Dogs seem to understand human requests

Dogs seem to understand human requests

Border collies go beyond basic fetching and retrieve specific toys based on their owners' commands.
May 26, 2009
By staff

Your clients may brag about their dogs’ fetching skills and ability to understand their commands. But those clients may actually be underestimating their pooches’ intelligence, according to a new study.

German researchers worked with border collies that seemed to understand commands to retrieve a certain toy when shown a full-size or miniature replica of the toy. Even a photograph of the toy worked with some dogs.

The researchers studied five border collies: three trained to fetch objects and two untrained dogs. To test the dogs, a researcher put eight dog toys on the floor of a room in the owner’s home, then joined the owner and the dog in an adjacent room. The owner then requested a particular toy by showing the dog a replica, saying “bring it here.”

The trained dogs nearly always fetched toys that corresponded to full-size and miniature replicas. The untrained dogs initially struggled with the task, but improved in subsequent rounds of testing. In a separate experiment, two of the three trained dogs successfully retrieved a particular toy after viewing a photograph of the toy.

And these dogs seem to be unique in their ability to fetch so specifically. Chimps, dolphins, and other animals have had difficulty retrieving objects after being shown replicas of those objects, even after many trials.

According to researcher Juliane Kaminski, the results show that dogs may understand people more than was previously thought. “The most reasonable interpretation of dogs’ success in the replica tasks is that they understood that by showing a replica, a human was trying to communicate something to them,” she says.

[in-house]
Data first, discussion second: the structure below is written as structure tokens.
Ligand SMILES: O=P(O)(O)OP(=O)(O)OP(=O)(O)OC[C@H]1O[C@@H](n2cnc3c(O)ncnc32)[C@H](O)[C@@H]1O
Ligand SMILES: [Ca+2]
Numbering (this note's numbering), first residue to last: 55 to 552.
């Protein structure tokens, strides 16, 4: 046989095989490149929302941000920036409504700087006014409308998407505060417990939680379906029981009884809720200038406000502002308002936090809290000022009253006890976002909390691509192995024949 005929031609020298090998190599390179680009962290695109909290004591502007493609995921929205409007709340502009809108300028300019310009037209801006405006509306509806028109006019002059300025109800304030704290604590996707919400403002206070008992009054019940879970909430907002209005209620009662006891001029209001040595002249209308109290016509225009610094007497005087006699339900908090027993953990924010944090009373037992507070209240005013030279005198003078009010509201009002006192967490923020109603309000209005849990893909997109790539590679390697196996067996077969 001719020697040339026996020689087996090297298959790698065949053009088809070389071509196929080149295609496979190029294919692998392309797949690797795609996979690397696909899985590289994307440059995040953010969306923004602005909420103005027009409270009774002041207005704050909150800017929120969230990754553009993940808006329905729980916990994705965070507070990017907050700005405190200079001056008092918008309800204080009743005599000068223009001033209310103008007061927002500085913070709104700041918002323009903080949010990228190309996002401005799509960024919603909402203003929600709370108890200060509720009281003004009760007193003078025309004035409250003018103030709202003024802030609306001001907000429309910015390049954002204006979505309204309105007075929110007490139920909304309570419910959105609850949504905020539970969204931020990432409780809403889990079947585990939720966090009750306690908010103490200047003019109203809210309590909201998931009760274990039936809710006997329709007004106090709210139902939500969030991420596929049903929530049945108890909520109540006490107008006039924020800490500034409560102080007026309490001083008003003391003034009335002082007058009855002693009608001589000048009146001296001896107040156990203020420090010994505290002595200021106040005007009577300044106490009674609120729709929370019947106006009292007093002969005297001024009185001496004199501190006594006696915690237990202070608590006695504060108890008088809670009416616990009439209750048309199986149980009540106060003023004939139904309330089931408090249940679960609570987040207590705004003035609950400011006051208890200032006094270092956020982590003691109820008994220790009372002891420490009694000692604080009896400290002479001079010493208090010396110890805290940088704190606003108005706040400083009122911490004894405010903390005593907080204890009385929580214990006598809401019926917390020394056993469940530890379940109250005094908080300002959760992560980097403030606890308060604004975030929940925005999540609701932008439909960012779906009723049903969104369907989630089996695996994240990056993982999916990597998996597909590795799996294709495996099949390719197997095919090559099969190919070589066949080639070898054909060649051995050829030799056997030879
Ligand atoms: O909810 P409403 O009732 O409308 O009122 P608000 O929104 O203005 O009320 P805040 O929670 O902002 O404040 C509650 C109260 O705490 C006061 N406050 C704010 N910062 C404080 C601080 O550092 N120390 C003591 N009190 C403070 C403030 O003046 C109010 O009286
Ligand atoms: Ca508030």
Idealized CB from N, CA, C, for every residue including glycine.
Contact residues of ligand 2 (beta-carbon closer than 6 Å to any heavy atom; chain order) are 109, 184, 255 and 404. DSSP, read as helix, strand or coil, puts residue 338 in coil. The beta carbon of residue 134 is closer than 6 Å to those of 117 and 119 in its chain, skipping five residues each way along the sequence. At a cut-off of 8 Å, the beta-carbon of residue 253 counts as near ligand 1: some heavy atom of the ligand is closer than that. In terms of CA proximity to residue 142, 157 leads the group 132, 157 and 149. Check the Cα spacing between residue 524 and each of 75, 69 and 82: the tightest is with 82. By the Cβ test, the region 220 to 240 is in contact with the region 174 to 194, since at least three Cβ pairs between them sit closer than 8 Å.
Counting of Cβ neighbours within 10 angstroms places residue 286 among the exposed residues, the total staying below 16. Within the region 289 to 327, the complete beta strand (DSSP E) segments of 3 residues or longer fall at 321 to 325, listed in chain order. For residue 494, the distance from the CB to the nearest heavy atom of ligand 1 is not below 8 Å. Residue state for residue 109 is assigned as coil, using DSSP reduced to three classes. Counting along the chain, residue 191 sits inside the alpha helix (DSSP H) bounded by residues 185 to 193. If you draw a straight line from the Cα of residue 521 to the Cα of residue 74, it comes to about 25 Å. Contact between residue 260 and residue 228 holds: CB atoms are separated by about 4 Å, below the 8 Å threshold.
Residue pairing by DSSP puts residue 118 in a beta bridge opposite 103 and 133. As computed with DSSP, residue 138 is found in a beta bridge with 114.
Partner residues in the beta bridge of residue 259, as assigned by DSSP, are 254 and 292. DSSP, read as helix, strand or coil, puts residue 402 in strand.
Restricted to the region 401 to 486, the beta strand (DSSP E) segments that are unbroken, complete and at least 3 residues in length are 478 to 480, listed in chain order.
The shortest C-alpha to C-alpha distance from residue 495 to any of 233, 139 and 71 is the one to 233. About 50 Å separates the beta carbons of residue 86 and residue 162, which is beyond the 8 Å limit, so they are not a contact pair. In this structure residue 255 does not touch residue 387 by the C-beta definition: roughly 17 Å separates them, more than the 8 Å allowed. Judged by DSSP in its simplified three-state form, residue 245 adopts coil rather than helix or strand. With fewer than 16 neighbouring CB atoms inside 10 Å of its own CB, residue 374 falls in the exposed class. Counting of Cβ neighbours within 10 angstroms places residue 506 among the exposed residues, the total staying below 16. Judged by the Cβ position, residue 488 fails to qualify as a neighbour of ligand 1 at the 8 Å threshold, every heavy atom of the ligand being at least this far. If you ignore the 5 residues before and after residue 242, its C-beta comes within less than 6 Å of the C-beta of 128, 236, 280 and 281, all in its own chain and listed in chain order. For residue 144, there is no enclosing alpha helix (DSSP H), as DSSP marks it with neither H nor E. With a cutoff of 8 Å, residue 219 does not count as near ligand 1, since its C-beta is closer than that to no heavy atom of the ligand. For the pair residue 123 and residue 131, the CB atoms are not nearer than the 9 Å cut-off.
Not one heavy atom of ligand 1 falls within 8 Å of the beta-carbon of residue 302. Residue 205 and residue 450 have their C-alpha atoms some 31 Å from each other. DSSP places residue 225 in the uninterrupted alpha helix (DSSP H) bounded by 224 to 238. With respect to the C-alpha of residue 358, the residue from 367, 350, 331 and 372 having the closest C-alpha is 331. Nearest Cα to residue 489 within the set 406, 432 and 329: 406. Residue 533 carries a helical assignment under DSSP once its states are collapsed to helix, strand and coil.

Hot topics on dvm360

Dog of Dallas Ebola patient will not be euthanized, authorities say

Health officials have quarantined and will monitor dog and amid concerns surrounding deadly virus.

Video: How to perform a belt-loop gastropexy

Prevent GDV in your at-risk patients with this simple technique.

Stretch your skills to earn more in veterinary practice

Finding new tasks could be the key to generating more income for your practice—and boosting your pay.

Veterinary community stunned by Sophia Yin's unexpected death

Prominent veterinary behaviorist died of suicide Sept. 28.

Study shows sustained salary slump for veterinary support staff

Since 2009, technicians paid by the hour have experienced a bump in pay, but pay for other team members has stayed stagnant, according to data from the 2014 Firstline Career Path Study. Here’s a look at changes in team pay from 2009 to 2013.